Main article: Phonograph
On April 30, 1877, French poet, humorous writer and inventor Charles Cros submitted a sealed envelope containing a letter to the Academy of Sciences in Paris fully explaining his proposed method, called the paleophone.
Though no trace of a working paleophone was ever found, Cros is remembered by historians as the earliest inventor of a sound recording and reproduction machine.
The invention soon spread across the globe and over the next two decades the commercial recording, distribution, and sale of sound recordings became a growing new international industry, with the most popular titles selling millions of units by the early 1900s.
The development of mass-production techniques enabled cylinder recordings to become a major new consumer item in industrial countries and the cylinder was the main consumer format from the late 1880s until around 1910.
The next major technical development was the invention of the gramophone record, generally credited to Emile Berliner and patented in 1887, though others had demonstrated similar disk apparatus earlier, most notably Alexander Graham Bell in 1881.
Discs were easier to manufacture, transport and store, and they had the additional benefit of being marginally louder than cylinders.
Sales of the gramophone record overtook the cylinder ca. 1910, and by the end of World War I the disc had become the dominant commercial recording format.
Edison, who was the main producer of cylinders, created the Edison Disc Record in an attempt to regain his market.
The double-sided (nominally 78 rpm) shellac disc was the standard consumer music format from the early 1910s to the late 1950s.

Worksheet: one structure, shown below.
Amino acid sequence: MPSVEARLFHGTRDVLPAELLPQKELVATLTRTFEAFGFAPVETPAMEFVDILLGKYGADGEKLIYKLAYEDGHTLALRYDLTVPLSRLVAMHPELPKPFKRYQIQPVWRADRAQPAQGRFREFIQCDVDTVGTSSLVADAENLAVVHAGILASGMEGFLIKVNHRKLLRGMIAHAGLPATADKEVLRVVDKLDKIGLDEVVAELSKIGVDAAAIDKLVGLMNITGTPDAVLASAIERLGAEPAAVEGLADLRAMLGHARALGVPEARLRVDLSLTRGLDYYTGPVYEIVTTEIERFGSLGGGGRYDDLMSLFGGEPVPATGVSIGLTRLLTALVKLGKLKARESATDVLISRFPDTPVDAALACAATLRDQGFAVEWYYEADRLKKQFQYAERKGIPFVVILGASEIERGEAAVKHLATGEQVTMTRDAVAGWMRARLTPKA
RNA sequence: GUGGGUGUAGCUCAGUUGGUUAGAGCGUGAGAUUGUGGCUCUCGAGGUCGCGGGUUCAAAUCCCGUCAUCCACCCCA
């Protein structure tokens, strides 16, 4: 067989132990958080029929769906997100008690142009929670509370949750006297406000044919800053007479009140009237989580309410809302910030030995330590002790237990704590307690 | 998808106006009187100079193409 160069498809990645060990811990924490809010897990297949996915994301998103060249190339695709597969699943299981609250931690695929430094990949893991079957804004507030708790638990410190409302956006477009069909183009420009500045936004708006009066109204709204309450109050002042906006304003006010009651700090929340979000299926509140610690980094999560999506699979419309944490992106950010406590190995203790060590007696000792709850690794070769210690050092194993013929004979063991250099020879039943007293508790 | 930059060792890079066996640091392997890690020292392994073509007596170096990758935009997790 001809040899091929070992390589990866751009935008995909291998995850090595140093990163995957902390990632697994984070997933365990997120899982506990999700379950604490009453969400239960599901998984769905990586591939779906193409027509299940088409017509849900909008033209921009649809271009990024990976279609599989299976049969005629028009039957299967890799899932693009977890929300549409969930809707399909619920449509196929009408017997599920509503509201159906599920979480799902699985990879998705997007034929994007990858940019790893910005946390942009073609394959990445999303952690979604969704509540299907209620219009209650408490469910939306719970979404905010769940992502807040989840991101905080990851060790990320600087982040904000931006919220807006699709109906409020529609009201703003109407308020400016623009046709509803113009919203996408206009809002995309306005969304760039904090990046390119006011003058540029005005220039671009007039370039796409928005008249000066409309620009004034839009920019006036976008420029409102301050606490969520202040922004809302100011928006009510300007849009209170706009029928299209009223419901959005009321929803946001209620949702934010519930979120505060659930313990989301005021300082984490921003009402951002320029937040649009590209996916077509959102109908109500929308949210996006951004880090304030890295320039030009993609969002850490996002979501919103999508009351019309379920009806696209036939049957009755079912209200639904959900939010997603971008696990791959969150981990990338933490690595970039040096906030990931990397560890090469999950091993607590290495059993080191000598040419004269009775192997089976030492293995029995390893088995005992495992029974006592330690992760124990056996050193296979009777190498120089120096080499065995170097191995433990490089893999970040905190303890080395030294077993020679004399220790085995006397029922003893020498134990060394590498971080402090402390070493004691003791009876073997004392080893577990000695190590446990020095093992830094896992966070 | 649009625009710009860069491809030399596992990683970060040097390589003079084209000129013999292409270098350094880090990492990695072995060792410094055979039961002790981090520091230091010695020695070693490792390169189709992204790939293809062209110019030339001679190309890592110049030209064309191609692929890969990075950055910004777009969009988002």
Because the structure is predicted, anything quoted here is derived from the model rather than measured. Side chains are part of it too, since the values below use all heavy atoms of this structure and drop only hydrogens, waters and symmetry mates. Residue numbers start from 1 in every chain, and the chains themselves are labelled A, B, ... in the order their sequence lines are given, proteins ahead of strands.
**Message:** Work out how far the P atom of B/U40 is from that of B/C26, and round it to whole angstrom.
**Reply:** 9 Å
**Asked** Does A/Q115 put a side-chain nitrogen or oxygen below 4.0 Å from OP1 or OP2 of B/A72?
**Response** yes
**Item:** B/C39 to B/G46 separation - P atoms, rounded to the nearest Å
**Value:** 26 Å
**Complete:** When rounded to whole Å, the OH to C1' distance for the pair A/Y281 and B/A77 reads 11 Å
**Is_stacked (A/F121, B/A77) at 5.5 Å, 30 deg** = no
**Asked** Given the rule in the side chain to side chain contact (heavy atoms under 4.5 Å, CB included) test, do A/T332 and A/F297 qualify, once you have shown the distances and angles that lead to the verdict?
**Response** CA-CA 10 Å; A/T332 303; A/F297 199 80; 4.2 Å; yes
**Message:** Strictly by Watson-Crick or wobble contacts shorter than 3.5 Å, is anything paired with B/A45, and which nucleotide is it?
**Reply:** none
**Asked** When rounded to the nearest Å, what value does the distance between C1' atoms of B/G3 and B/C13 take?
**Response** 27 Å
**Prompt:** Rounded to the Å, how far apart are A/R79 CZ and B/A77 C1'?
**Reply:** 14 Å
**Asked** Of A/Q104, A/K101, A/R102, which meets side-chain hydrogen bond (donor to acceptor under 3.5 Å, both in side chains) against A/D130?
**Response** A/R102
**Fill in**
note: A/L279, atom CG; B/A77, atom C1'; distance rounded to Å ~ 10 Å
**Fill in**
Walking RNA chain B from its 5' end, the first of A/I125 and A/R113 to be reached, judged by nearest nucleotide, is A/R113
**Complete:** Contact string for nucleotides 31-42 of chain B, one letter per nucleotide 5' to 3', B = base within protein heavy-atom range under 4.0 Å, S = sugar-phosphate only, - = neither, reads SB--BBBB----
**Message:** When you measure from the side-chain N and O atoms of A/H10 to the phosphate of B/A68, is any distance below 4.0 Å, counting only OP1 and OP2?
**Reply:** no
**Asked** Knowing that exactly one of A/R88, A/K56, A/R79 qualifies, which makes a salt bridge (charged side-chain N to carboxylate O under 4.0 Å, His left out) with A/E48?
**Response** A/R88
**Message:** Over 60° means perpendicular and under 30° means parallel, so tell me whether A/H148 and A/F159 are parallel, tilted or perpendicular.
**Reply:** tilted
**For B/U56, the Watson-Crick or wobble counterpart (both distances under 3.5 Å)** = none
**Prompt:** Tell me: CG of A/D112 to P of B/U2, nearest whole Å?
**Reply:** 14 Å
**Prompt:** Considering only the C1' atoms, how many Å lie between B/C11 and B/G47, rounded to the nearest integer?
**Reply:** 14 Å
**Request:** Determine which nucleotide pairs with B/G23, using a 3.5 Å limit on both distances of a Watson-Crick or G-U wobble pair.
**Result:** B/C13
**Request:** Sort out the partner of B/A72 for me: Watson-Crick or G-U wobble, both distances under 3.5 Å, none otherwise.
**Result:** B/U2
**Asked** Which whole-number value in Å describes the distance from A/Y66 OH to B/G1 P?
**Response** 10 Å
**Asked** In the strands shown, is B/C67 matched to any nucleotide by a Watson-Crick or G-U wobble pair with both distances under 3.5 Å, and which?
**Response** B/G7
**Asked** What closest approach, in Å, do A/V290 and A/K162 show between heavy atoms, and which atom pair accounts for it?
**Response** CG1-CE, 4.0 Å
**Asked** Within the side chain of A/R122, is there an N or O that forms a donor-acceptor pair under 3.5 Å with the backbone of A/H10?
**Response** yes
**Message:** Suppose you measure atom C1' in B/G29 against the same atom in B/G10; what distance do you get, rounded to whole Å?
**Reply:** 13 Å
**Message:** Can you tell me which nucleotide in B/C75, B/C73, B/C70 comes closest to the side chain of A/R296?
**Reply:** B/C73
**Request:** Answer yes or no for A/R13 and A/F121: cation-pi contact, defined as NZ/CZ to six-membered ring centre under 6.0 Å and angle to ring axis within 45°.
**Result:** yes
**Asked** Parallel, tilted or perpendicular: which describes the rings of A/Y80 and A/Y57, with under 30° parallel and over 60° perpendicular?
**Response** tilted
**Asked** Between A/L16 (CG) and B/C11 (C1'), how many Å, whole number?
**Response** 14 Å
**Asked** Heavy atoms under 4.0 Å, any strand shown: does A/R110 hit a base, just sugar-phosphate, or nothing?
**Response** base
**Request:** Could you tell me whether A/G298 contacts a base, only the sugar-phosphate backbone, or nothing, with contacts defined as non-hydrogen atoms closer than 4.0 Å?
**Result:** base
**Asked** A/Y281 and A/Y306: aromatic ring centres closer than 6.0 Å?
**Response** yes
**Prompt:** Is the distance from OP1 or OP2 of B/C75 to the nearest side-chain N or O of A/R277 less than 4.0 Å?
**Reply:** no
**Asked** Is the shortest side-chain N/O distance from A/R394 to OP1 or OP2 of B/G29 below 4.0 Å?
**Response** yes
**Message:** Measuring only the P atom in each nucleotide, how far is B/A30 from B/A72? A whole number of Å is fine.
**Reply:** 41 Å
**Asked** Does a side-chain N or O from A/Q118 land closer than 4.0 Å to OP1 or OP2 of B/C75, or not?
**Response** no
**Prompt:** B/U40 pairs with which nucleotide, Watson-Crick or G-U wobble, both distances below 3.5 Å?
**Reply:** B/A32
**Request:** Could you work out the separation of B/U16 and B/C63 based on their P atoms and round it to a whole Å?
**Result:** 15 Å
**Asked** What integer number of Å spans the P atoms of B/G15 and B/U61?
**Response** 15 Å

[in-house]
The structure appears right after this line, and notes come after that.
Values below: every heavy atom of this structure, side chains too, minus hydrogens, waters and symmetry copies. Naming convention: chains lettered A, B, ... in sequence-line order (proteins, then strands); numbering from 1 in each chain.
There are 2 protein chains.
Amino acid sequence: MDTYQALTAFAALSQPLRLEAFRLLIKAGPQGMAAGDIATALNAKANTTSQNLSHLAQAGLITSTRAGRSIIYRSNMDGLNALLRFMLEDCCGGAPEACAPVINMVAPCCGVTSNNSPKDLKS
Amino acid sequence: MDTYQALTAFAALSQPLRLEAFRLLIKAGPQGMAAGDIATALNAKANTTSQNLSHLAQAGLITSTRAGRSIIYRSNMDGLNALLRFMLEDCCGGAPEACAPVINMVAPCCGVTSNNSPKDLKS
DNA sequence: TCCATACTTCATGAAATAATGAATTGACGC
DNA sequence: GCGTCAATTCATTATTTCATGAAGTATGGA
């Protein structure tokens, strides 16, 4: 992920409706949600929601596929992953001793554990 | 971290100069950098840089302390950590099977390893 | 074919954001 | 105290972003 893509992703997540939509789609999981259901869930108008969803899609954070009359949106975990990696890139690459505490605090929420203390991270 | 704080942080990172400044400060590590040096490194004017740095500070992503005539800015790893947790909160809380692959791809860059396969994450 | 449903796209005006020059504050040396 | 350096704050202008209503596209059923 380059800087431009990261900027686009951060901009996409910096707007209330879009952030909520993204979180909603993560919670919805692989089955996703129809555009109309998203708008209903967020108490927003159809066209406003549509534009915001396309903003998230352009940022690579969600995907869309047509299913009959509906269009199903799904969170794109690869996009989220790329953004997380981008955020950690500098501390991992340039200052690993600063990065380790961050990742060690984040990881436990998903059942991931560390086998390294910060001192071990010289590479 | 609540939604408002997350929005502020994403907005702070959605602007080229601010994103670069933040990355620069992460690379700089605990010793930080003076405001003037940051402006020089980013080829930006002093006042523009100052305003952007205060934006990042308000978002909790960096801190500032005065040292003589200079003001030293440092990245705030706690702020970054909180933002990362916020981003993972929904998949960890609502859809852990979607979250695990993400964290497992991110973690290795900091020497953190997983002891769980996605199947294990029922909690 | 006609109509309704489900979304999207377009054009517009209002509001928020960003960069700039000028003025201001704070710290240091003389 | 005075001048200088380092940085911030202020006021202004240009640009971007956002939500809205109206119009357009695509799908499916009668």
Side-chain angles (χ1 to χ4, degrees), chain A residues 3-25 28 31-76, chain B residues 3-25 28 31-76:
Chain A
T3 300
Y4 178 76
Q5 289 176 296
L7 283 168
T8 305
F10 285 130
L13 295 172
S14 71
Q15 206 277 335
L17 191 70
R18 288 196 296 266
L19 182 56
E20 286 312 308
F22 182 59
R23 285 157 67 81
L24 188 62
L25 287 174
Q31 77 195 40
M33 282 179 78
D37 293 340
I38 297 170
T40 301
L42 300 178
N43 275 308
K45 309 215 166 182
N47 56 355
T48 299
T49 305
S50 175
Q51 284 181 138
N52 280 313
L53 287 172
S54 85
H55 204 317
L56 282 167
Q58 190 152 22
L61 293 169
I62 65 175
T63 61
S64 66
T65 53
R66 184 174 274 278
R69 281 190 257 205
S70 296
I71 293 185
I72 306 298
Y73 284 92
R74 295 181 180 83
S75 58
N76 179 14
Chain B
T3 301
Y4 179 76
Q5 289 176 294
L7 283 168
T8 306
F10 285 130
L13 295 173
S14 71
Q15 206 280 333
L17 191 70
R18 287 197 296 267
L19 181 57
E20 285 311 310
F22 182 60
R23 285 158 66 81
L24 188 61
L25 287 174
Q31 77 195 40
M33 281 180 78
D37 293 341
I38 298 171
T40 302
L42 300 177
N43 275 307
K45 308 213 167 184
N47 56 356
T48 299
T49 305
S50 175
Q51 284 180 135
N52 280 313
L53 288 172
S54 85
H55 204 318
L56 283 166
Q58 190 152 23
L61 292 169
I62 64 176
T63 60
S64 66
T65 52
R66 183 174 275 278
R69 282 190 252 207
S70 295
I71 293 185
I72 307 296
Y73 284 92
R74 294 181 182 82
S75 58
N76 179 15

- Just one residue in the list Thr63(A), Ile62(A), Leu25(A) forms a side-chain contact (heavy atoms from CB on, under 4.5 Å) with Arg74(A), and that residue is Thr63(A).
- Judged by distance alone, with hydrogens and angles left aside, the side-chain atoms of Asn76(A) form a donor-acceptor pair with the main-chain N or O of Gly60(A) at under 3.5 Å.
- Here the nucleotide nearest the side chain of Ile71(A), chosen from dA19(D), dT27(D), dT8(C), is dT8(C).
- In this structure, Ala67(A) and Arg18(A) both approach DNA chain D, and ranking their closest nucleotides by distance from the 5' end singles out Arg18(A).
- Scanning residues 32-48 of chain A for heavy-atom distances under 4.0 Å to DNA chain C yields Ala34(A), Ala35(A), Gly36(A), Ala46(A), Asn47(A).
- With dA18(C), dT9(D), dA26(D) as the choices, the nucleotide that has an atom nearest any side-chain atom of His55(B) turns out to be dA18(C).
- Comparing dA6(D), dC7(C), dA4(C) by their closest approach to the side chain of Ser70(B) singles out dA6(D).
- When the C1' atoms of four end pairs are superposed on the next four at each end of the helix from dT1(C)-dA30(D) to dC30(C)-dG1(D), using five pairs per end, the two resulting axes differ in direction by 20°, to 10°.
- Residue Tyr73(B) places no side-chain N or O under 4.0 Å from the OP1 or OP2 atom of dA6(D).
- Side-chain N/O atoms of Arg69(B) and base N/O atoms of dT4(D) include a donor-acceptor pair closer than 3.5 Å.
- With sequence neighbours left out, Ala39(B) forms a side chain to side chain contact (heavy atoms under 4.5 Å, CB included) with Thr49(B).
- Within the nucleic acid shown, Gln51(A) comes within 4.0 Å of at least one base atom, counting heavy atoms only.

In various permutations, the audio disc format became the primary medium for consumer sound recordings until the end of the 20th century.
Although there was no universally accepted speed, and various companies offered discs that played at several different speeds, the major recording companies eventually settled on a de facto industry standard of nominally 78 revolutions per minute.
The specified speed was 78.26 rpm in America and 77.92 rpm throughout the rest of the world.
The difference in speeds was due to the difference in the cycle frequencies of the AC electricity that powered the stroboscopes used to calibrate recording lathes and turntables.
The nominal speed of the disc format gave rise to its common nickname, the "seventy-eight" (though not until other speeds had become available).
Discs were made of shellac or similar brittle plastic-like materials, played with needles made from a variety of materials including mild steel, thorn, and even sapphire.
Discs had a distinctly limited playing life that varied depending on how they were manufactured.
Earlier, purely acoustic methods of recording had limited sensitivity and frequency range.
Mid-frequency range notes could be recorded, but very low and very high frequencies could not.
Instruments such as the violin were difficult to transfer to disc.
One technique to deal with this involved using a Stroh violin which uses a conical horn connected to a diaphragm that in turn is connected to the violin bridge.
The horn was no longer needed once electrical recording was developed.
In the US and most developed countries, the two new vinyl formats completely replaced 78 rpm shellac discs by the end of the 1950s, but in some corners of the world, the 78 lingered on far into the 1960s.
Vinyl was much more expensive than shellac, one of the several factors that made its use for 78 rpm records very unusual, but with a long-playing disc the added cost was acceptable.
The compact 45 format required very little material.
Vinyl offered improved performance, both in stamping and in playback.
Vinyl records were, over-optimistically, advertised as "unbreakable".
They were not, but they were much less fragile than shellac, which had itself once been touted as "unbreakable" compared to wax cylinders.
Sound recording began as a purely mechanical process.